By Jeff Shuttleworth
Bay City News Service
Gov. Jerry Brown said Monday that he is proposing to close the state's $25.4 billion budget gap by cutting spending by $12.5 billion and extending temporary tax increases that were enacted under the Schwarzenegger's administration.
The governor's budget proposes total spending of $127.4 billion for the 2011-12 fiscal year, of which general fund spending accounts for $84.6 billion.
In a news release issued by his office, Brown said he is proposing a cut of 8 to 10 percent in take-home pay for most state employees and a "vast and historic" restructuring of government operations.
"These cuts will be painful, requiring sacrifice from every sector of the state, but we have no choice," he said.
"For 10 years, we've had budget gimmicks and tricks that pushed us deep into debt," he said. "We must now return California to fiscal responsibility and get our state on the road to economic recovery and job growth."
He said he is calling for an election in June to ask voters to continue for another five years the temporary tax hikes, which include a 1 cent increase in the state's sales tax, a 0.25 percentage point hike in its income tax and an increase in the vehicle license fee rate.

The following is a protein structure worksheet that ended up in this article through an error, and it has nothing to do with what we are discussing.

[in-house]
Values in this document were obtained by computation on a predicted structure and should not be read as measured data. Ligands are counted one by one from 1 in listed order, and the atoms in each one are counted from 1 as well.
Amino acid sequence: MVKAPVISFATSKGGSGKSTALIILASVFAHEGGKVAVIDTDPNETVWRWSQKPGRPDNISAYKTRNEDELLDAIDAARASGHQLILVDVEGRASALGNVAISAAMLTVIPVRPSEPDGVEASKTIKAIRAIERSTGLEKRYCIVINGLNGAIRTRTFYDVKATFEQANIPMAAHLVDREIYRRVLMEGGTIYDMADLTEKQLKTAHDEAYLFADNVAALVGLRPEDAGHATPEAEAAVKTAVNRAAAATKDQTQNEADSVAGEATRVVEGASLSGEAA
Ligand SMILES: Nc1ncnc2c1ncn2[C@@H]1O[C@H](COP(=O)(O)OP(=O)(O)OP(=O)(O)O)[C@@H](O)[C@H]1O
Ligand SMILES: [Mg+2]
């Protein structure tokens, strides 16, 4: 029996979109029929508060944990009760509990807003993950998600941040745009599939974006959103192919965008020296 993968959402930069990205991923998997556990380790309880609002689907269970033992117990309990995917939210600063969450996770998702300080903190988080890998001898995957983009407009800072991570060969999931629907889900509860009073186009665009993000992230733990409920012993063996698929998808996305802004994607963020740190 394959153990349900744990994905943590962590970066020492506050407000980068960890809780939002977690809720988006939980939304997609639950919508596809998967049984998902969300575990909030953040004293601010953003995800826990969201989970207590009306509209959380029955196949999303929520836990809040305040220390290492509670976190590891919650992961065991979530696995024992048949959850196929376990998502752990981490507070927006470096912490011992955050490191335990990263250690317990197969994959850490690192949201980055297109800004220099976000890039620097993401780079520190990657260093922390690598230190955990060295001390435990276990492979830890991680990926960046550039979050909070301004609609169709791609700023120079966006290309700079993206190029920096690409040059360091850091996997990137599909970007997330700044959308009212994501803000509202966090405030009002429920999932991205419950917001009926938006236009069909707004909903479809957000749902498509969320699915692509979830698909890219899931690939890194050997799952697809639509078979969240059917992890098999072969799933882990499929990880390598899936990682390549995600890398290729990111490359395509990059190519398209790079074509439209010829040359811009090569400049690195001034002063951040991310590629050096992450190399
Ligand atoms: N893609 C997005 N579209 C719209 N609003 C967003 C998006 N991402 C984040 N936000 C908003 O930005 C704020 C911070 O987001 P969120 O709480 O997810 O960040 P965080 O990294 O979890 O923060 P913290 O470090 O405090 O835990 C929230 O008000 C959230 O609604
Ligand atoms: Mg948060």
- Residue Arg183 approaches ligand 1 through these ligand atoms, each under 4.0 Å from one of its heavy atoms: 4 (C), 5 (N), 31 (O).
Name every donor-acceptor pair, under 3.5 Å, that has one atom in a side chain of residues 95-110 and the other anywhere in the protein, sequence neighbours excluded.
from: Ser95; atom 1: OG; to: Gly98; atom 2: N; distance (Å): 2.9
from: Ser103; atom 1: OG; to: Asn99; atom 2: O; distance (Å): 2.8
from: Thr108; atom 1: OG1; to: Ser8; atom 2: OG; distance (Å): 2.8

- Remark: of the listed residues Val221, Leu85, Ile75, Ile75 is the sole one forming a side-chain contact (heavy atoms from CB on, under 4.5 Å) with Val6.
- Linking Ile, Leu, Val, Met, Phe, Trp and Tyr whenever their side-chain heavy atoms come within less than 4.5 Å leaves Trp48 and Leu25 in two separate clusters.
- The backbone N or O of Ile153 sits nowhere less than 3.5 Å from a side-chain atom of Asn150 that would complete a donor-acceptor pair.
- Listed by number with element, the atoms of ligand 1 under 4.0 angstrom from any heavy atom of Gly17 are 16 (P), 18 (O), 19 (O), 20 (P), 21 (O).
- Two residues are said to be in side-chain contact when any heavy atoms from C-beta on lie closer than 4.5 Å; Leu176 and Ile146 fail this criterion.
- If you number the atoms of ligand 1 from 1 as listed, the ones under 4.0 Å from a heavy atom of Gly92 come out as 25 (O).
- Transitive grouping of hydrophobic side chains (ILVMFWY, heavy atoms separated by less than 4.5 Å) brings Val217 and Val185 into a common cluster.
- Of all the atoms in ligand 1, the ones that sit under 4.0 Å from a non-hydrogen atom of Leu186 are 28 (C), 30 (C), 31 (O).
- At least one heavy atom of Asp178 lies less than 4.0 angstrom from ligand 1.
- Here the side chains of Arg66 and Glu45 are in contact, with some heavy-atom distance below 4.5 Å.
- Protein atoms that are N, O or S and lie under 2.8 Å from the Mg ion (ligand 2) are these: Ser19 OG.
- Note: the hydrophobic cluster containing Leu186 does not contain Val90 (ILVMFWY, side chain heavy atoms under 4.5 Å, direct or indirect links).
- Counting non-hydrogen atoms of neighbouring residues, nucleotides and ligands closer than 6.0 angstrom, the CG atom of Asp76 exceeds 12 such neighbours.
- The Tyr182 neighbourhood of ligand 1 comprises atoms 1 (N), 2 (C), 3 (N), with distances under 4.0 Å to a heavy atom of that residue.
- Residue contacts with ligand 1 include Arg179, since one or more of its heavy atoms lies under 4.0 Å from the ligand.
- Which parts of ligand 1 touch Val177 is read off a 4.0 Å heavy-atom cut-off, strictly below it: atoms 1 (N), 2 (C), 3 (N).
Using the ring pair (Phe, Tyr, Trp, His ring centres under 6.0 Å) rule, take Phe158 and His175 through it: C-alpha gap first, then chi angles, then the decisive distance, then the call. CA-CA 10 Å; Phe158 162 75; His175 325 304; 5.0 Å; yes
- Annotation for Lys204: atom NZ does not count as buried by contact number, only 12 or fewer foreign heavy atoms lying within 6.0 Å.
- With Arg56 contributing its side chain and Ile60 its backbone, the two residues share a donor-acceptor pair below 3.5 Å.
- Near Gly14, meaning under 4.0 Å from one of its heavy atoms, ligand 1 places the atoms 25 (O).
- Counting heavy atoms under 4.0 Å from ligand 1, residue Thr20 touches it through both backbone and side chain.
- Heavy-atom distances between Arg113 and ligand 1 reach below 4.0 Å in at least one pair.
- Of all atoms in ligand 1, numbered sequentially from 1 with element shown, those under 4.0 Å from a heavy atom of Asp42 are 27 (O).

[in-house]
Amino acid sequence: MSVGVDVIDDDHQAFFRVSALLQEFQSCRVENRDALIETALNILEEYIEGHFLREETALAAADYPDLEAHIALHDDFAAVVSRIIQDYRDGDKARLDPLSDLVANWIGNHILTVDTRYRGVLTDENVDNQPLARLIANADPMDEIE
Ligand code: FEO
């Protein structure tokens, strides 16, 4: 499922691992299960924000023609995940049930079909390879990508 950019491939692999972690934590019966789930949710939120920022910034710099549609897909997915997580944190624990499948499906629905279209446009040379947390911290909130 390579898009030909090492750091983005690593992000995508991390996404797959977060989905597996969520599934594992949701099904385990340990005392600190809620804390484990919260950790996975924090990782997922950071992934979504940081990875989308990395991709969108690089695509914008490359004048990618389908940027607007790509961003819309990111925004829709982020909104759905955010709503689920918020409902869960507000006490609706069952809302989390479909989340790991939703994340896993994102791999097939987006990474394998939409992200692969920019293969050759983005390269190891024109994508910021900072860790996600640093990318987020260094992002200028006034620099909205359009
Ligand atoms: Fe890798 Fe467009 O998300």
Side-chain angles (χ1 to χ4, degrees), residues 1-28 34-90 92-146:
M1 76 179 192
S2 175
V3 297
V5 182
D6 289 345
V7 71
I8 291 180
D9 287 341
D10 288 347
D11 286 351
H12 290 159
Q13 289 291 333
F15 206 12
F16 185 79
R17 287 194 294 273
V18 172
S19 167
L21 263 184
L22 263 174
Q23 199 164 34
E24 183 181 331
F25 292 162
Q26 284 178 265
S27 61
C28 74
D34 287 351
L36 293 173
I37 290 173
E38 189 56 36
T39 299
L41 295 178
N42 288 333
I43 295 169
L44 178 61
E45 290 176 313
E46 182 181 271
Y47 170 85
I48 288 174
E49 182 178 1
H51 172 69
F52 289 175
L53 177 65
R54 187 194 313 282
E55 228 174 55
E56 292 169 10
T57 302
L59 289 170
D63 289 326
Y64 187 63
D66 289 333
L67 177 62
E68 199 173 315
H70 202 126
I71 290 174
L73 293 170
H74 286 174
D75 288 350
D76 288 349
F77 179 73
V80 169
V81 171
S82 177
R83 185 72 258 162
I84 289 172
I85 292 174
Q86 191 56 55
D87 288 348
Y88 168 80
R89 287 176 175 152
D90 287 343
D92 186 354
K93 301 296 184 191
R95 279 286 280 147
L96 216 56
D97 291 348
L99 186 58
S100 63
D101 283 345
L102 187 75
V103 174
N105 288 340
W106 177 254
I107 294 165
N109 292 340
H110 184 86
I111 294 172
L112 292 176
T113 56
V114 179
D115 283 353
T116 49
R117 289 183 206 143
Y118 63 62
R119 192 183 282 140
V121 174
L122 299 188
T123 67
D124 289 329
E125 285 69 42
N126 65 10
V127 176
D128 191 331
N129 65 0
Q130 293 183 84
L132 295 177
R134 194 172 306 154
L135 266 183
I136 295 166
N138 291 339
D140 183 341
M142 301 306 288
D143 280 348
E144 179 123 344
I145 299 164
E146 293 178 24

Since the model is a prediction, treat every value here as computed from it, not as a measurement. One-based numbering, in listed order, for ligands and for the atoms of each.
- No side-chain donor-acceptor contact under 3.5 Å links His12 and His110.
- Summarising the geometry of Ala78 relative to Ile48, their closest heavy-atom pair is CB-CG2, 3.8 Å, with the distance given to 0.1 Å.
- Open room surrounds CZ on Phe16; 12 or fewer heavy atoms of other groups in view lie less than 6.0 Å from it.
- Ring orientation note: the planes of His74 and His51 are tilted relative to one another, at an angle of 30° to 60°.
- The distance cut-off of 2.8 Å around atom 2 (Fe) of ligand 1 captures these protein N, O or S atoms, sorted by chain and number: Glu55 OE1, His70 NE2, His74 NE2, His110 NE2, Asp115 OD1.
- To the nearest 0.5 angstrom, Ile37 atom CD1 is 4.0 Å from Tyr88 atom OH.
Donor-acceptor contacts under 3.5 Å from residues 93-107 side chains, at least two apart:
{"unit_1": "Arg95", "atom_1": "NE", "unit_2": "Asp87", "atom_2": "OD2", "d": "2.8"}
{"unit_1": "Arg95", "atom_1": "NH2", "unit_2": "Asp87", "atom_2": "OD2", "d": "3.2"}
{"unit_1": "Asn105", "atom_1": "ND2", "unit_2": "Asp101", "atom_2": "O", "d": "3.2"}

He said his realignment plan will return decisions and authority to cities, counties and schools and "allow government at all levels to focus on core functions and become more efficient and less expensive" by reducing duplication of services and administrative costs.
The governor said revenue from sales tax and the vehicle license fee will be transferred directly to local governments to finance the first phase of his realignment plan.
Proposed spending reductions include $1.7 billion to Medi-Cal, $1.5 billion to California's welfare-to-work program, $750 million to the Department of Developmental Services, $500 million to the University of California, $500 million to California State University, and $308 million for a reduction in take-home pay for state employees not currently covered under collective bargaining agreements.
Brown's spending plan proposes additional reductions throughout state government, including corrections, the judiciary and resources.
He said the one area of state spending spared from cuts is kindergarten through 12th grade education.
He defended his proposed spending cuts and tax extensions by saying, "Without decisive action, the state's severe budget problems will persist, threatening economic recovery, job growth, public education and the quality of life in California."
"The adoption of this budget will position the state to lead the country as it slowly recovers from the Great Recession," he said.